UK Political Leaders

by poonam bisht

David Cameron In 2010, at the age of 43, David Cameron became the youngest prime minister of Britain since 1812. Known for his privileged background – schooling in Eton, the…

David Cameron

In 2010, at the age of 43, David Cameron became the youngest prime minister of Britain since 1812. Known for his privileged background – schooling in Eton, the UK’s top private school; college in Oxford; and an ancestry that makes him the Queen’s distant relative – the leader of the Conservative party has, however, tried to cultivate an image of being tuned into a changing Britain.

Cameron has similarities with former Prime Minister Tony Blair, including a modernizing approach to politics and a great TV presence. In fact, he once described himself as the “heir to Blair.”

Born on 9 October 1966, he has described his childhood as a happy one.

In Oxford, he was not known to be particularly keen on student politics. He became formally associated with the Conservative party in 1988 and started as a researcher there. The then Prime Minister John Major described the young Cameron as “extraordinarily able and bright.”

In 1996, he married Samantha, a landowner’s daughter.

After a seven-year stint as public relations head at a television firm, he contested the 1997 general election from Stafford, but lost. Four years later; however he won the vacated Tory seat of Witney.

After this he rose rapidly through Tory ranks. In 2005, he surprised a lot of people by winning the party leadership race. Though he led the Tories to victory in the 2010 general election, the party fell short of an absolute majority and had to tie up with Nick Clegg’s Liberal Democrats.

As prime minister, Cameron has had to cope with the aftereffects of the financial crisis. His government has brought changes to immigration, welfare, and healthcare. In 2011, he vetoed a European Union treaty. He agreed to hold a potentially risky Scottish independence referendum. Gay marriages were legalized in England and Wales. Immigration continues to be a tricky issue as Britain heads to another general election and Cameron at times seems to be struggling to articulate a clear line on it.

Ed Miliband

Ed Miliband was born in London to European immigrants – a Marxist academic father and a Holocaust survivor mother.

After attending multiple schools, including two in the US, he initially studied politics, philosophy, and economics at Oxford University’s Corpus Christi College. He got his first taste of student politics here. Later he secured a Master’s from the London School of Economics.

After a stint in the media, he worked as a speechwriter and policy researcher for Harriet Harman, the shadow chief secretary to the Treasury, and then with Gordon Brown. Between 1997 and 2002, Miliband was Brown’s special adviser.

In 2004, he became the chairman of an economic advisory council.

The following year he stood for election for the first time, and became the Labour MP from Doncaster North. In May 2006 he became the parliamentary secretary to the cabinet office in the Tony Blair government.

In 2007, brothers Ed Miliband and David Miliband, the foreign secretary, were both members of the Gordon Brown cabinet. Ed Miliband was later made secretary of state to the energy and climate change department.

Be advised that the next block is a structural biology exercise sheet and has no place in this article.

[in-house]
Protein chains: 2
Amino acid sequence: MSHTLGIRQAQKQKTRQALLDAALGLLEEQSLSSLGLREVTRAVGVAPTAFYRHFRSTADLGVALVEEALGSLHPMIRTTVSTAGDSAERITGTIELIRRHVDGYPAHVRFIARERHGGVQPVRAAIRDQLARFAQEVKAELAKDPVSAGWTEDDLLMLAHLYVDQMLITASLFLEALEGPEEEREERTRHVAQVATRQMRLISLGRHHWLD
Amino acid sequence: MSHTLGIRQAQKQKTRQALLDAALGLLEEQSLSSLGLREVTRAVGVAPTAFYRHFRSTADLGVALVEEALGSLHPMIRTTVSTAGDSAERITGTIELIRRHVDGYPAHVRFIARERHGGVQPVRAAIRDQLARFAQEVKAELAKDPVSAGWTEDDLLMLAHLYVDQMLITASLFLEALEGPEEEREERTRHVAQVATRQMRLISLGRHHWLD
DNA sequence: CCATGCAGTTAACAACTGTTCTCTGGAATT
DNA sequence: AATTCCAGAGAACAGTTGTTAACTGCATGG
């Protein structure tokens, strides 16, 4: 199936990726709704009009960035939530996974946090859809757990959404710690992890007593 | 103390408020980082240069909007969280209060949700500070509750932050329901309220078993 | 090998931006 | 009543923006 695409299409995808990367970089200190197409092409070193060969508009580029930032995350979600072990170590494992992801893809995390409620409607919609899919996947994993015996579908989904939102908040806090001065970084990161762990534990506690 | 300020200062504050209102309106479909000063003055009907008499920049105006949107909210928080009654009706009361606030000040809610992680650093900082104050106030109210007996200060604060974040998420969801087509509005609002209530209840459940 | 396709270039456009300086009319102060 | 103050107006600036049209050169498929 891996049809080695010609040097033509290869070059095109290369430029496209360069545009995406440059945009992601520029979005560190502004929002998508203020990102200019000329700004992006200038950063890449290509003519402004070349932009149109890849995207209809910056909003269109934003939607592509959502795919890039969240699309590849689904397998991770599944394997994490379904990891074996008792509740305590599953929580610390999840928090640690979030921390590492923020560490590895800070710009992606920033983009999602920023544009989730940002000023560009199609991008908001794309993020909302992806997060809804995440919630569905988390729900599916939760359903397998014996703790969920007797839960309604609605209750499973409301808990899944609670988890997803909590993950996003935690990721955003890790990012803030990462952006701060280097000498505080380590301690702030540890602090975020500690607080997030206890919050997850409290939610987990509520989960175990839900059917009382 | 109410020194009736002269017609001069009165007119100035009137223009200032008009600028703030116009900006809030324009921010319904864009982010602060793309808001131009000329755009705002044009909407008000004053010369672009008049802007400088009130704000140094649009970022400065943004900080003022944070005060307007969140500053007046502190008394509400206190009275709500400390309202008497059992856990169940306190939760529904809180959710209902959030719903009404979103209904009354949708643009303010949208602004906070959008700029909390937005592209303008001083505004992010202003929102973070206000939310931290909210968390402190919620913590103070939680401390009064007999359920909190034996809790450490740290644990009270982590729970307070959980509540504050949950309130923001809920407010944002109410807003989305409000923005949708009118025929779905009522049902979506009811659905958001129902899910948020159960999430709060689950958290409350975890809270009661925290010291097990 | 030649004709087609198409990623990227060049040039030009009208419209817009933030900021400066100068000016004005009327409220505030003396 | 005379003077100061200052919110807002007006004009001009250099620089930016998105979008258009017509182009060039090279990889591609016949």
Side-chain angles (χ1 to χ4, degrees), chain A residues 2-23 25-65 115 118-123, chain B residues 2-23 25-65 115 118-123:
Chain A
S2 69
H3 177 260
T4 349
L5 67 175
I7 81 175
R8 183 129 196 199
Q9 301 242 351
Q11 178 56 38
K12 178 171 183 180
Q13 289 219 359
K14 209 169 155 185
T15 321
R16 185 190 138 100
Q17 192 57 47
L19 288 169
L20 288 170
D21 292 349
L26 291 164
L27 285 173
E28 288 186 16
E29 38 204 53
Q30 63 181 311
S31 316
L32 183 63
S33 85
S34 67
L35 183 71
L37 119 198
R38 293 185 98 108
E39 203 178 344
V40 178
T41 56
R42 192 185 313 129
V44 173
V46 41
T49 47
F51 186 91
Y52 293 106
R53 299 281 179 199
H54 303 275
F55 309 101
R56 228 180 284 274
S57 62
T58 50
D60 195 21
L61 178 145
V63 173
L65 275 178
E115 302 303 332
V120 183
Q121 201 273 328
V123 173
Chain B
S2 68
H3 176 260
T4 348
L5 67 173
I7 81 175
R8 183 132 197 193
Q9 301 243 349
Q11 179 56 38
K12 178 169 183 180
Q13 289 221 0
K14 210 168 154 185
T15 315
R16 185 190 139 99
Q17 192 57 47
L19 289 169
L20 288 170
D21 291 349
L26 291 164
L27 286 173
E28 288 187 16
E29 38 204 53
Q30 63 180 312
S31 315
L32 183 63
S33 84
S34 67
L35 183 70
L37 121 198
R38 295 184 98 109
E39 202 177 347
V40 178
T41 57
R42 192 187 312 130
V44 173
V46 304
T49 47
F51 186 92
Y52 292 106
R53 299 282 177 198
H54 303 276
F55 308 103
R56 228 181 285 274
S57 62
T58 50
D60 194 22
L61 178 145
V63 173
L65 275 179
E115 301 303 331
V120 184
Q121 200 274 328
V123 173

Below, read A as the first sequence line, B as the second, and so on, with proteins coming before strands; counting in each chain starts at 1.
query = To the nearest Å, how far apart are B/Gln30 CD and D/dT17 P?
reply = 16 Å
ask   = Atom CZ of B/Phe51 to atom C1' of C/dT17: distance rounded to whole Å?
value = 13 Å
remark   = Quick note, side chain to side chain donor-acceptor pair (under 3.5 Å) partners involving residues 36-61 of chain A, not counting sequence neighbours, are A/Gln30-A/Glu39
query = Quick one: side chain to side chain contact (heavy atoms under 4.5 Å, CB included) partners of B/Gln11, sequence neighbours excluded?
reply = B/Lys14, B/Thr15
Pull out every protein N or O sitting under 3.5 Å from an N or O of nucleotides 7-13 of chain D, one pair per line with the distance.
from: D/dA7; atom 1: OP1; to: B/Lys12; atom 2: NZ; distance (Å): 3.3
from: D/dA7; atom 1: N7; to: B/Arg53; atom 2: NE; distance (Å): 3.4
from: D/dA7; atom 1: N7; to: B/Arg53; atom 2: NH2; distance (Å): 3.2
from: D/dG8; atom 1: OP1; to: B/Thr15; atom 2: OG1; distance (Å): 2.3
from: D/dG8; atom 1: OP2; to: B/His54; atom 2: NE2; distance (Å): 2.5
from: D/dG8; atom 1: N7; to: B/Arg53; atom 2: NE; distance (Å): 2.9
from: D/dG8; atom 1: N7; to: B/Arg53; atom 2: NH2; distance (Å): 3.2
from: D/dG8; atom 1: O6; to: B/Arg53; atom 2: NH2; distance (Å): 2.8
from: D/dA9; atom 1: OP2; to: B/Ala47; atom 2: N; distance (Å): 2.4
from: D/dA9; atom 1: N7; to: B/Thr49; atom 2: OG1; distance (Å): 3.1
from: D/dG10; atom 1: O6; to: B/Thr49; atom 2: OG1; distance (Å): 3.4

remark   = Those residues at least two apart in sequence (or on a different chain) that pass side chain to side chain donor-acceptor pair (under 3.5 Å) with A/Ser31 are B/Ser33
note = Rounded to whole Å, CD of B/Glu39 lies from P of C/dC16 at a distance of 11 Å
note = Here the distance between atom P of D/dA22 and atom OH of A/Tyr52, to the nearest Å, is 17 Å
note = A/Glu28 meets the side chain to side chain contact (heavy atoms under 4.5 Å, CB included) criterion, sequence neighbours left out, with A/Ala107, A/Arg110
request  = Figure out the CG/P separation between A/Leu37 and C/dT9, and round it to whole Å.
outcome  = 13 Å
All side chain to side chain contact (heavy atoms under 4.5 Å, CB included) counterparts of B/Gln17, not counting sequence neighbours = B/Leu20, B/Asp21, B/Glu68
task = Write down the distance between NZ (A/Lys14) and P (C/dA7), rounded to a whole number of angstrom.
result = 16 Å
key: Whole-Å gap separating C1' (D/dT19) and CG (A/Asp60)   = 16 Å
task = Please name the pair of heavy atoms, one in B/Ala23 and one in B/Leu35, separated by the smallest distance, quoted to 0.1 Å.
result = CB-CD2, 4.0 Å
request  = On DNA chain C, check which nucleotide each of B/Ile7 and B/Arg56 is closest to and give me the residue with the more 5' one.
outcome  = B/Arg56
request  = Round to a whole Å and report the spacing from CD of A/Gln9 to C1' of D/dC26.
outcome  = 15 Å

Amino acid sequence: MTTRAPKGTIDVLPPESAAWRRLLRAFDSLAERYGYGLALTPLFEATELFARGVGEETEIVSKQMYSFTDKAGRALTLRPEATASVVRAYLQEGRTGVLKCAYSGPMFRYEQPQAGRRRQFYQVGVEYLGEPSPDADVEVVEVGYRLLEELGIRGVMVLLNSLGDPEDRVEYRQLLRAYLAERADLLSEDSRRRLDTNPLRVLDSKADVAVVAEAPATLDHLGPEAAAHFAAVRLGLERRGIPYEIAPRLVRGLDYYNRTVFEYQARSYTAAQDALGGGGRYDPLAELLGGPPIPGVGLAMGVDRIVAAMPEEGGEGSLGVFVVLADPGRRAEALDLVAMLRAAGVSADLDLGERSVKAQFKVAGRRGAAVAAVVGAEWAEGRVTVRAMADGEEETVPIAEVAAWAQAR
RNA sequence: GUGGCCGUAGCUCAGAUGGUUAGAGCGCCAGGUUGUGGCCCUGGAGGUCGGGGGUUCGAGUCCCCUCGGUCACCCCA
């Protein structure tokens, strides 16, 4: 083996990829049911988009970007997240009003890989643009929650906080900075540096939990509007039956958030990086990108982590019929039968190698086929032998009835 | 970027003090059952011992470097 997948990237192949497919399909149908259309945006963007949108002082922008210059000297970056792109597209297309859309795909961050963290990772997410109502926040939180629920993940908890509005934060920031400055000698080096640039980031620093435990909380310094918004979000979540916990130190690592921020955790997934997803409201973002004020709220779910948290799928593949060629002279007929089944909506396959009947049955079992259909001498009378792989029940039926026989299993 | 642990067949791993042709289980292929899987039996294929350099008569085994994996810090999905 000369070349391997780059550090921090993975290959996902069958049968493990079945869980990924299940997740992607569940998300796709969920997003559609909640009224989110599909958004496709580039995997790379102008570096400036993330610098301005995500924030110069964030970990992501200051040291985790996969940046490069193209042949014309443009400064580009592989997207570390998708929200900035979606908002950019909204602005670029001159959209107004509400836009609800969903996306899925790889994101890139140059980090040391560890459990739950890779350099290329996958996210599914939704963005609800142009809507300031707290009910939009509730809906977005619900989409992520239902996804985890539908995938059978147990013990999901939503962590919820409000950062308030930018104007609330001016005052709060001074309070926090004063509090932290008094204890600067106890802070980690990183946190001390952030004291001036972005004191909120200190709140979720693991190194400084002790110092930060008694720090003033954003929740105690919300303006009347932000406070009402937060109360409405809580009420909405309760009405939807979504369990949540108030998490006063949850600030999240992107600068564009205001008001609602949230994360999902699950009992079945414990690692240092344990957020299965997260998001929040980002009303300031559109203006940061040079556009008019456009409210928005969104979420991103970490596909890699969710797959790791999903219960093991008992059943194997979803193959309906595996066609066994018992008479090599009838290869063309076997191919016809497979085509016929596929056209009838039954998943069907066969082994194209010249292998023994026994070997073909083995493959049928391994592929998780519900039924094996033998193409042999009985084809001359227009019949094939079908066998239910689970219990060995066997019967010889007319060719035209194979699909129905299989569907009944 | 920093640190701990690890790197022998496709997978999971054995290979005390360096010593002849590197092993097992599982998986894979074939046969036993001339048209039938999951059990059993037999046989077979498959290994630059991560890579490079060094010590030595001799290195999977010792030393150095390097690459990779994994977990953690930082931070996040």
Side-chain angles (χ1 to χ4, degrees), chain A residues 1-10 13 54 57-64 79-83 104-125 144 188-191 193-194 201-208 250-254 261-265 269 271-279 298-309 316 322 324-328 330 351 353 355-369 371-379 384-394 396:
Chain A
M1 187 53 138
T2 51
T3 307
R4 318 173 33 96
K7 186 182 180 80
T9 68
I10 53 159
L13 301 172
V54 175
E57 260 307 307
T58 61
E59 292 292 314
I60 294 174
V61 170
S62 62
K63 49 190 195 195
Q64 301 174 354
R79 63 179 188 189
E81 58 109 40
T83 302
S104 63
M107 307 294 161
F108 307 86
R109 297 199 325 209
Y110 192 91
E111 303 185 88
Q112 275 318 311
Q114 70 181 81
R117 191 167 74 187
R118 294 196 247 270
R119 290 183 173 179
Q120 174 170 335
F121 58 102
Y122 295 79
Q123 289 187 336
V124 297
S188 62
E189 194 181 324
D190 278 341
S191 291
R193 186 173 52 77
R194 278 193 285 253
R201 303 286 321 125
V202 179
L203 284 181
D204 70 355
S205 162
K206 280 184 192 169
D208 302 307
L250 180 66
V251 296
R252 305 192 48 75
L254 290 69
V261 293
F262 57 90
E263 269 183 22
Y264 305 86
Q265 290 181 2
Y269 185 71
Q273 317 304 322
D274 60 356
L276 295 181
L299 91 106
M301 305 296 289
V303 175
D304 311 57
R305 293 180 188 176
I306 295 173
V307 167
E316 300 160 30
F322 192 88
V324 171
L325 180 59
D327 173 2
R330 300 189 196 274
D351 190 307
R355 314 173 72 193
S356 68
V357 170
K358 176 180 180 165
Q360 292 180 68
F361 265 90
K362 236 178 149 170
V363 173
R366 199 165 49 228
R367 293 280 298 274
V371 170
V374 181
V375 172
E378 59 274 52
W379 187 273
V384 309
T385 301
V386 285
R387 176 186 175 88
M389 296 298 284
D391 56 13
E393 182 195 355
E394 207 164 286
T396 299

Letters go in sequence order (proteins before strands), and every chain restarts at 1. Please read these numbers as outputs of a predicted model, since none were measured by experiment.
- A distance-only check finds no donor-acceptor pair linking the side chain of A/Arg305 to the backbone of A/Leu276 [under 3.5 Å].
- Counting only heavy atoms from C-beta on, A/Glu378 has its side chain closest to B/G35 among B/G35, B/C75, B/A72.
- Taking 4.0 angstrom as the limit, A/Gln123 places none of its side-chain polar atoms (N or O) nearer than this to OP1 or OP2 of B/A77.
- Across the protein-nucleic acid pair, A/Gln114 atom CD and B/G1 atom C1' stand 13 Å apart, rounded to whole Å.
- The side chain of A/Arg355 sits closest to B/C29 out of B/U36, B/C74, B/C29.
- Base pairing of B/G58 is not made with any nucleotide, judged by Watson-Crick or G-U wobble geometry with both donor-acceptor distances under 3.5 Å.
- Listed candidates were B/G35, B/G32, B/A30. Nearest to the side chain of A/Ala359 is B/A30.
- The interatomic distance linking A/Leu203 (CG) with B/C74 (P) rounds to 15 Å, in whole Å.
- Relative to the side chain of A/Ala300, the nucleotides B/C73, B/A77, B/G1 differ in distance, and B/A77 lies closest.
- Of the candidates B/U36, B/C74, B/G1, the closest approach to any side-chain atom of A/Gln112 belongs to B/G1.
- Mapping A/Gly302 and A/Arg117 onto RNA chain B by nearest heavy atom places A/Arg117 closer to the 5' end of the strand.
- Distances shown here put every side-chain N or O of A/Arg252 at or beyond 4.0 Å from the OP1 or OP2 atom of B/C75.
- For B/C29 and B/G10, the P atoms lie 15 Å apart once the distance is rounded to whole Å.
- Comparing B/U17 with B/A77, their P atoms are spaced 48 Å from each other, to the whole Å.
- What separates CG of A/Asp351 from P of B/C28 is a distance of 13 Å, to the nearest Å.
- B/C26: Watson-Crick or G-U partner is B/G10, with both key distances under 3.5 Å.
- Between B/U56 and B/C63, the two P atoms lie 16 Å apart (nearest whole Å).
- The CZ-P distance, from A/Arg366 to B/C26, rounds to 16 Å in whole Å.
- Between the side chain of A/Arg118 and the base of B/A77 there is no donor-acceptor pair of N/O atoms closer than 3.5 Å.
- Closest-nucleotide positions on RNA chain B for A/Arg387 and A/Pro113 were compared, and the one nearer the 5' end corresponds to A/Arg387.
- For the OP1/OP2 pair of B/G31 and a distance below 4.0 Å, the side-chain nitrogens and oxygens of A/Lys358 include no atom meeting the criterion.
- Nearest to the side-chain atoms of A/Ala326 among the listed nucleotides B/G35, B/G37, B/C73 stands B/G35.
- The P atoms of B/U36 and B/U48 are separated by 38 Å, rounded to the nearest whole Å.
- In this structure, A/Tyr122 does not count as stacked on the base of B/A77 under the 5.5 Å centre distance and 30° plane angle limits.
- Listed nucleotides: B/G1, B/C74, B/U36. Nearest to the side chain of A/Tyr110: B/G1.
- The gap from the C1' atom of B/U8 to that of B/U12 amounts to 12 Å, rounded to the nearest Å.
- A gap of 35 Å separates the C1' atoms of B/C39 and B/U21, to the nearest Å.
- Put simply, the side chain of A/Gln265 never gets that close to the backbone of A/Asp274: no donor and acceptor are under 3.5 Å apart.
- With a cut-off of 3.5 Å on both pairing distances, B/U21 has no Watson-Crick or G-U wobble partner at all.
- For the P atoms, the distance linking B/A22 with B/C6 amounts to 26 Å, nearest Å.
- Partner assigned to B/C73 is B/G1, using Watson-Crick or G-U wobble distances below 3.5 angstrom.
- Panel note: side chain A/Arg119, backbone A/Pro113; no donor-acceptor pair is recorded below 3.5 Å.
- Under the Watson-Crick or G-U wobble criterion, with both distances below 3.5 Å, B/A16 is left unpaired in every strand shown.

He won the Labour leadership election in September 2010 and became leader of the opposition.

Among his key statements as opposition leader, he has supported military action by the UK against Libyan dictator Muammar Gaddafi and spoken against domestic public spending cuts.

In 2012, he reaffirmed Labour’s commitment to economic “fairness.” In 2013, he expressed his opposition to a referendum on deciding the UK’s membership to the EU, and a British military intervention in Syria on basis of insufficient evidence of a chemical attack. Miliband has sought to project himself as a leader distinct from both former Labour prime ministers Blair and Brown.

Nick Clegg
Nick Clegg was born in 1967 in Buckinghamshire to Nicholas Peter Clegg and Hermance van den Wall Bake. After finishing school, he studied archaeology and anthropology at Cambridge University, where he was active in theater and sports.

His work experience is wide-ranging and includes stints in a bank, as an intern at The Nation magazine in New York, in the humanitarian aid sector, as a lobbyist, and as a policy adviser to the EU.

He is also a prolific writer of articles and pamphlets.

Chosen as a euro-candidate, in 1999 he became the Liberal Democrat MEP from East Midlands. In 2005, he became the MP from Sheffield Hallam. Within two years he was the party leader.

In a speech, he declared he was liberal “by temperament, by instinct and by upbringing.” In the run-up to the 2010 general election, he became a popular figure in television debates.

After the 2010 election, Liberal Democrats formed a coalition government with the Conservatives, and Clegg became the deputy prime minister.

Nigel Farage

Born in 1964 in Kent, Nigel Farage studied at Dulwich College, south London. He worked as a commodities broker for some time. After defecting from the Conservatives party, he co-founded the Ukip in 1993. In 1999, he became an MEP from South-east England. In 2010, he was elected the party leader.

Very critical of the European Union, he does not want the UK to have anything to do with it. He has often made controversial and even rude remarks – once comparing a former Belgian prime minister to a “low-grade bank clerk.”

His strong anti-immigration line has found support with a section of the UK voters. It will be interesting to see how many seats Ukip wins through Farage’s aggressive brand of politics.

References: Wikipedia
Media reports

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